No doubt we have all been challenged with a question, "Who said you could do that? Who gave you the authority?" Jesus was no different here. We read in verse 18 'Then the Jews demanded of him, "What miraculous sign can you show us to prove your authority to do all this?"' In Matthew 21 Jesus had entered the temple courts and had started to teach, the elders came to him and said "By what authority are you doing these things? And who gave you this authority?"  In Mark 2 we read that Jesus said to the man who couldn't walk and had been let down through the roof, "Son your sins are forgiven." Immediately the teachers of the Law questioned "Who can forgive sins but God alone?" But Jesus declared "The Son of man has authority to forgive sins." Referring to himself. Throughout his ministry Jesus authority was questioned and challenged, yet he remained unequivocal in his response. John records this first clearing of the Temple, a second clearing occurred at the end of Jesus ministry, about three years later, and is recorded in Matthew 21 v12-17, Mark 11 v12-19, and Luke 19 v45-48. Here Jesus had entered the Temple in Jerusalem, it was approaching the Passover festival, the greatest Festival in the year, and he was clearly disturbed by what he saw. We see his response to what he witnessed in three clear ways.

Firstly, we see his anger. We read in verse 15 'So he made a whip out of chords, and drove all from the temple area, both sheep and cattle; he scattered the coins of the money-changers and overturned their tables. To those who sold doves he said, "Get these out of here! How dare you turn my Father's house into a market." All who came to the temple had to make a sin offering, so they would bring an animal to sacrifice. However, they had to be accepted by the judges as without imperfection, and of course they were normally refused. So the only way to obtain an ox, or sheep, or dove that would be acceptable, was to buy one from one of the sellers in this outer court, and hence they had the chance to charge exorbitant prices for the privilege. The temple tax, that all who worshipped had to pay annually, had to be payed in the local coinage, and so anyone coming from afar, had to convert their money in the temple, and the money changers would exploit the worshippers by charging exorbitant fees for the coinage needed. Hence worship for them had become a money making enterprise, with of course the excuse that the money would go toward temple upkeep. But instead the exorbitant fees, often just went to line the pockets of those in authority. Jesus was rightly angry.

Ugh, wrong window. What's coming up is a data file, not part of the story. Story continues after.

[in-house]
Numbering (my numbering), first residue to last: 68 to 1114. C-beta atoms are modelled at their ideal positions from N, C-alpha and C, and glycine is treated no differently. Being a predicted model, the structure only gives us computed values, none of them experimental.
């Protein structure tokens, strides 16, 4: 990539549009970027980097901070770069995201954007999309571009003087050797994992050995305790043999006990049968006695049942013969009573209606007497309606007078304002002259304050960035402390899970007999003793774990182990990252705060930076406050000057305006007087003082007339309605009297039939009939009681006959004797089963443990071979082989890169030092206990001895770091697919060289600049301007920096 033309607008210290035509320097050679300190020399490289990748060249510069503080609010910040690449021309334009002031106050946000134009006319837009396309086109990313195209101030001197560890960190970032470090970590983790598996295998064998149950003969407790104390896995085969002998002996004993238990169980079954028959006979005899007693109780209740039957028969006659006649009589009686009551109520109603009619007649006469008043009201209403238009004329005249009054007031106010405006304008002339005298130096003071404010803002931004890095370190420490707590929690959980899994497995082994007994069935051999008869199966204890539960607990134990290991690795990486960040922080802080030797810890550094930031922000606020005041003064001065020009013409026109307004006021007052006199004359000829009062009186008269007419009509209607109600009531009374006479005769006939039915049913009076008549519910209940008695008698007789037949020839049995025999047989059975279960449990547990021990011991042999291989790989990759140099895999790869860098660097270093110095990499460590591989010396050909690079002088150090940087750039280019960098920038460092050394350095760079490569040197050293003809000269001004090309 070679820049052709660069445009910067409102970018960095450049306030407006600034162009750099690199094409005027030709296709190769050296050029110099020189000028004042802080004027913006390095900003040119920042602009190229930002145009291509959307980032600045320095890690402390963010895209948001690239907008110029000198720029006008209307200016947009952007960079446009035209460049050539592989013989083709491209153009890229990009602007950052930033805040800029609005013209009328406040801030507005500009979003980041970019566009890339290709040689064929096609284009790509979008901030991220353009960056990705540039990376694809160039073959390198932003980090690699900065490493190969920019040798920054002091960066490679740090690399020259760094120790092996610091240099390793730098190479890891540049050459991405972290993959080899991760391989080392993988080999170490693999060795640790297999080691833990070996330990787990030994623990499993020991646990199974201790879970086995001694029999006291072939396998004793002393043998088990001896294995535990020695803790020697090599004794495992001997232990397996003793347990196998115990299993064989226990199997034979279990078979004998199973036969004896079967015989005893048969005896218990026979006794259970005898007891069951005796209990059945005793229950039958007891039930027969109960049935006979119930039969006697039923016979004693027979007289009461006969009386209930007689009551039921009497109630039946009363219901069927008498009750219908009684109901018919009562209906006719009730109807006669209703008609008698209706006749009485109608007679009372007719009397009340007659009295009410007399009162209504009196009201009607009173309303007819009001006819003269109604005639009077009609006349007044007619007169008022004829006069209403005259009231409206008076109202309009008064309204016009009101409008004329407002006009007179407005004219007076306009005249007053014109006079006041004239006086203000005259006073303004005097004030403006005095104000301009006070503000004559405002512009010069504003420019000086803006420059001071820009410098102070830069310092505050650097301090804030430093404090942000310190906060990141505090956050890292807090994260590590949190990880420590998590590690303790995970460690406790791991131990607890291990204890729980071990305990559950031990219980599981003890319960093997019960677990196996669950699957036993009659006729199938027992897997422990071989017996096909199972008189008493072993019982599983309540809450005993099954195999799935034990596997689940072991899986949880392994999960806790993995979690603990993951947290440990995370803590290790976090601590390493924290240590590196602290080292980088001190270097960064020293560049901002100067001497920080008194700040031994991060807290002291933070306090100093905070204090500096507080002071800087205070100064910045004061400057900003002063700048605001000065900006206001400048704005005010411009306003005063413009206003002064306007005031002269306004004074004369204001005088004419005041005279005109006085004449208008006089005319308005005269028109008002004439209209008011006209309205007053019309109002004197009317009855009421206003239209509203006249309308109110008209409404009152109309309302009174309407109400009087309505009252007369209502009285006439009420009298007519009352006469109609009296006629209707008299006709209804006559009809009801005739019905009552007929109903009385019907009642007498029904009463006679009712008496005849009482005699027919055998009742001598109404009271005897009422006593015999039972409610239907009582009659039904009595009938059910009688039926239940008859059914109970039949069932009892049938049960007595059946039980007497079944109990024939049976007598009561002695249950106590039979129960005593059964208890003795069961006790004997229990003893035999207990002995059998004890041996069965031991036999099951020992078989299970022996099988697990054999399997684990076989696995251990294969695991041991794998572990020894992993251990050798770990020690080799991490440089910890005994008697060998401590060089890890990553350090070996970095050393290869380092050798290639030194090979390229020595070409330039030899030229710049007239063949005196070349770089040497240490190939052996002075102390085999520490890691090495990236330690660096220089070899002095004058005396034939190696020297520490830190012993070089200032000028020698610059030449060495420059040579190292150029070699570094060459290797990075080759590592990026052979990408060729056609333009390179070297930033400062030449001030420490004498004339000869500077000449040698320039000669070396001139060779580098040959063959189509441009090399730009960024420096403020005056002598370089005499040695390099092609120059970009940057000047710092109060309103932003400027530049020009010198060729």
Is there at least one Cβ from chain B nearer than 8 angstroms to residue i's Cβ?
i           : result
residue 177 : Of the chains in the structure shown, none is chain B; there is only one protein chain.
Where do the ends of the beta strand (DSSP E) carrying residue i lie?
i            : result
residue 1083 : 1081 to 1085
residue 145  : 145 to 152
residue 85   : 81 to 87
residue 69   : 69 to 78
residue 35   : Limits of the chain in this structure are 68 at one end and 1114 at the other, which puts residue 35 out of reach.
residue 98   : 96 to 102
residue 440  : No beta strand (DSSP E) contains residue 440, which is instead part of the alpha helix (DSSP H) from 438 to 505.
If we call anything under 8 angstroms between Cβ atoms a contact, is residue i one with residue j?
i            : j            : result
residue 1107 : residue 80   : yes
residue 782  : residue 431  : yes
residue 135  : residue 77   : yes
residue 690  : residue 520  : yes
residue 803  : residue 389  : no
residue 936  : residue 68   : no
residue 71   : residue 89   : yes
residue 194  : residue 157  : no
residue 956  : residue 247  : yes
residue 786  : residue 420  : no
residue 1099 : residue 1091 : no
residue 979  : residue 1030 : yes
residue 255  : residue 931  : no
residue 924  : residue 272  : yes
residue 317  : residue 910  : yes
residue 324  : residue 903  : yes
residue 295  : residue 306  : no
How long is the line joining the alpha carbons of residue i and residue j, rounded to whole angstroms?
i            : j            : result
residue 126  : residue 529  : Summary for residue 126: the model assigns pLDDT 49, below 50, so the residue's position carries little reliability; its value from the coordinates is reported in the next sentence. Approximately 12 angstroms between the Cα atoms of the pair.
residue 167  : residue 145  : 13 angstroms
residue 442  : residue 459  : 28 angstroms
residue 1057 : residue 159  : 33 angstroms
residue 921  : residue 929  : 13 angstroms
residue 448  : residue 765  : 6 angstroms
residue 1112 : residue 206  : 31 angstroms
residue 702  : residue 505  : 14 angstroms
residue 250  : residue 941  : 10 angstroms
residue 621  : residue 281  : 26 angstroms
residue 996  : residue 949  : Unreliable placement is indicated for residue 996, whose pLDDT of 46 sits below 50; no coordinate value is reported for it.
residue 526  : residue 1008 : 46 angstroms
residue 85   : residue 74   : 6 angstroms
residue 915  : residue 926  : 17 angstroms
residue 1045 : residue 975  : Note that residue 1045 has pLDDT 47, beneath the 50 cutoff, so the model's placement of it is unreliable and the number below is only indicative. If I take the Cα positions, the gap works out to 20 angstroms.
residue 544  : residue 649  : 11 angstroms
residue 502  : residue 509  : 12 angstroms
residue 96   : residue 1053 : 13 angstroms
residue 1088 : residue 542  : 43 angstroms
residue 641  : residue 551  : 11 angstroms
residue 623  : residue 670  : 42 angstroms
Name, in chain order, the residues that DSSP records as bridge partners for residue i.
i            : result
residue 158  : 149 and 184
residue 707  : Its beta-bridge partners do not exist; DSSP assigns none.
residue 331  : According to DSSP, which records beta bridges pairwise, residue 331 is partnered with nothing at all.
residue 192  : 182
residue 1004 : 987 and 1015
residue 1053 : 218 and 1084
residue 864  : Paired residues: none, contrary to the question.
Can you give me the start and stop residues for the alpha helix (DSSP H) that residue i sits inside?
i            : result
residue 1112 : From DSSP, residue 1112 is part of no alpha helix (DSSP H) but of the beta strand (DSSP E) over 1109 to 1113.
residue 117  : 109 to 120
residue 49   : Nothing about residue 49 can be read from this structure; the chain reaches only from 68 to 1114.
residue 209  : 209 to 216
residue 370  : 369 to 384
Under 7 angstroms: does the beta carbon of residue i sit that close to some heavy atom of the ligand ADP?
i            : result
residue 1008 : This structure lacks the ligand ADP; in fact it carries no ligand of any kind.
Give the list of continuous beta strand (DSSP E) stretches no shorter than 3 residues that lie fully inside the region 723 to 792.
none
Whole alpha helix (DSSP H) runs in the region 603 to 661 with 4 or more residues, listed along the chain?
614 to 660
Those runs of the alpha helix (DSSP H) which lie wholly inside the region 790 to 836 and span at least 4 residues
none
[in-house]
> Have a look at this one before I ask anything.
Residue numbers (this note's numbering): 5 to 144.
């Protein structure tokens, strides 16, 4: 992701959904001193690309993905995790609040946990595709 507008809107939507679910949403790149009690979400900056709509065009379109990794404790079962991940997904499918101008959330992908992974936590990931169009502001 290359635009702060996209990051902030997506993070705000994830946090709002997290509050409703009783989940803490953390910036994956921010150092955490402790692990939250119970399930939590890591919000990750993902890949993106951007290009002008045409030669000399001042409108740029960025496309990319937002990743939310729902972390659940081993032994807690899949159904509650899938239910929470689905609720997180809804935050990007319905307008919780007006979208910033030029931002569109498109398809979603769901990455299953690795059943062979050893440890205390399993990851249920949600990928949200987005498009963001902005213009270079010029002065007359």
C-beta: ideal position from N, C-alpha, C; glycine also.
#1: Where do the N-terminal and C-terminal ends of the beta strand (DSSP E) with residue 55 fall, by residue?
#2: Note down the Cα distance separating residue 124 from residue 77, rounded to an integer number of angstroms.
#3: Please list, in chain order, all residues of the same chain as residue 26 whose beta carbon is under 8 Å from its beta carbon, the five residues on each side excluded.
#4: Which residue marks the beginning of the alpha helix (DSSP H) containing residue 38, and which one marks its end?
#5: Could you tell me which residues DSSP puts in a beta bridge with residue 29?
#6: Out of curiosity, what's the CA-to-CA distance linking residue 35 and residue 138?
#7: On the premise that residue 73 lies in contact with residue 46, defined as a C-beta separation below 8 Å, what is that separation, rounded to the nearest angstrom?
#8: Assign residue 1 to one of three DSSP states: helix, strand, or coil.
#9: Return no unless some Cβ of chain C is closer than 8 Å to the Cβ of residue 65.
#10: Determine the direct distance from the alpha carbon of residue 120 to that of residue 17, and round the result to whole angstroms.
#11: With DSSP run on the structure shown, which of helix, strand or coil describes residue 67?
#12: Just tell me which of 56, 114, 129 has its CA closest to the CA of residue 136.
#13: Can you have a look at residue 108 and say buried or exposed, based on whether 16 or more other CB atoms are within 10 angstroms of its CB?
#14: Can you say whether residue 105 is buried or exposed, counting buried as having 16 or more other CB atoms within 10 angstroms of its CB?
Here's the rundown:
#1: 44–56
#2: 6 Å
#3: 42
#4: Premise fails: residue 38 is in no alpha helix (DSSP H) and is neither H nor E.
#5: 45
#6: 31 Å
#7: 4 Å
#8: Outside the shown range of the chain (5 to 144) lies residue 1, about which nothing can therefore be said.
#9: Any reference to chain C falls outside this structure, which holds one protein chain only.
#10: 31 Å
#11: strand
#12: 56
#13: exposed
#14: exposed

How often do we claim to have righteous indignation, yet really it is just over something that gets under our skin, and not a true injustice? Do we get annoyed by things that are put in place by tradition, but prevent or inhibit others drawing closer to Jesus? If so how do we react? We need to be sure that our anger is for the right cause, and wisely used. 

Secondly, we see his concern for Prayer. We read in verse 16 "How dare you turn my Father's house in to a market!" The area of the temple called the Outer Court, which is where the sellers of animals and doves, and the money changers did their business, was also known as the Court of the Gentiles. The Gentiles although permitted to worship, were not allowed further into the temple, and so this area in the temple was the only place where they could pray and worship. With it being filled with animals and birds, it was both smelly and filthy, and hence not conducive to worship at all. The authorities keen to make money for the temple upkeep, and line the pockets of the favoured few, put that above the opportunity for Gentiles to pray. The prophet Isaiah in 56 v7 reminds the people "For my house will be called a house of prayer for all nations". Yet Jeremiah has to challenge the people with 7 v11 "Has this house, which bears my name, become a den of robbers to you?" Jesus want to reform what happens in the temple and make the Court of the Gentiles a place of prayer.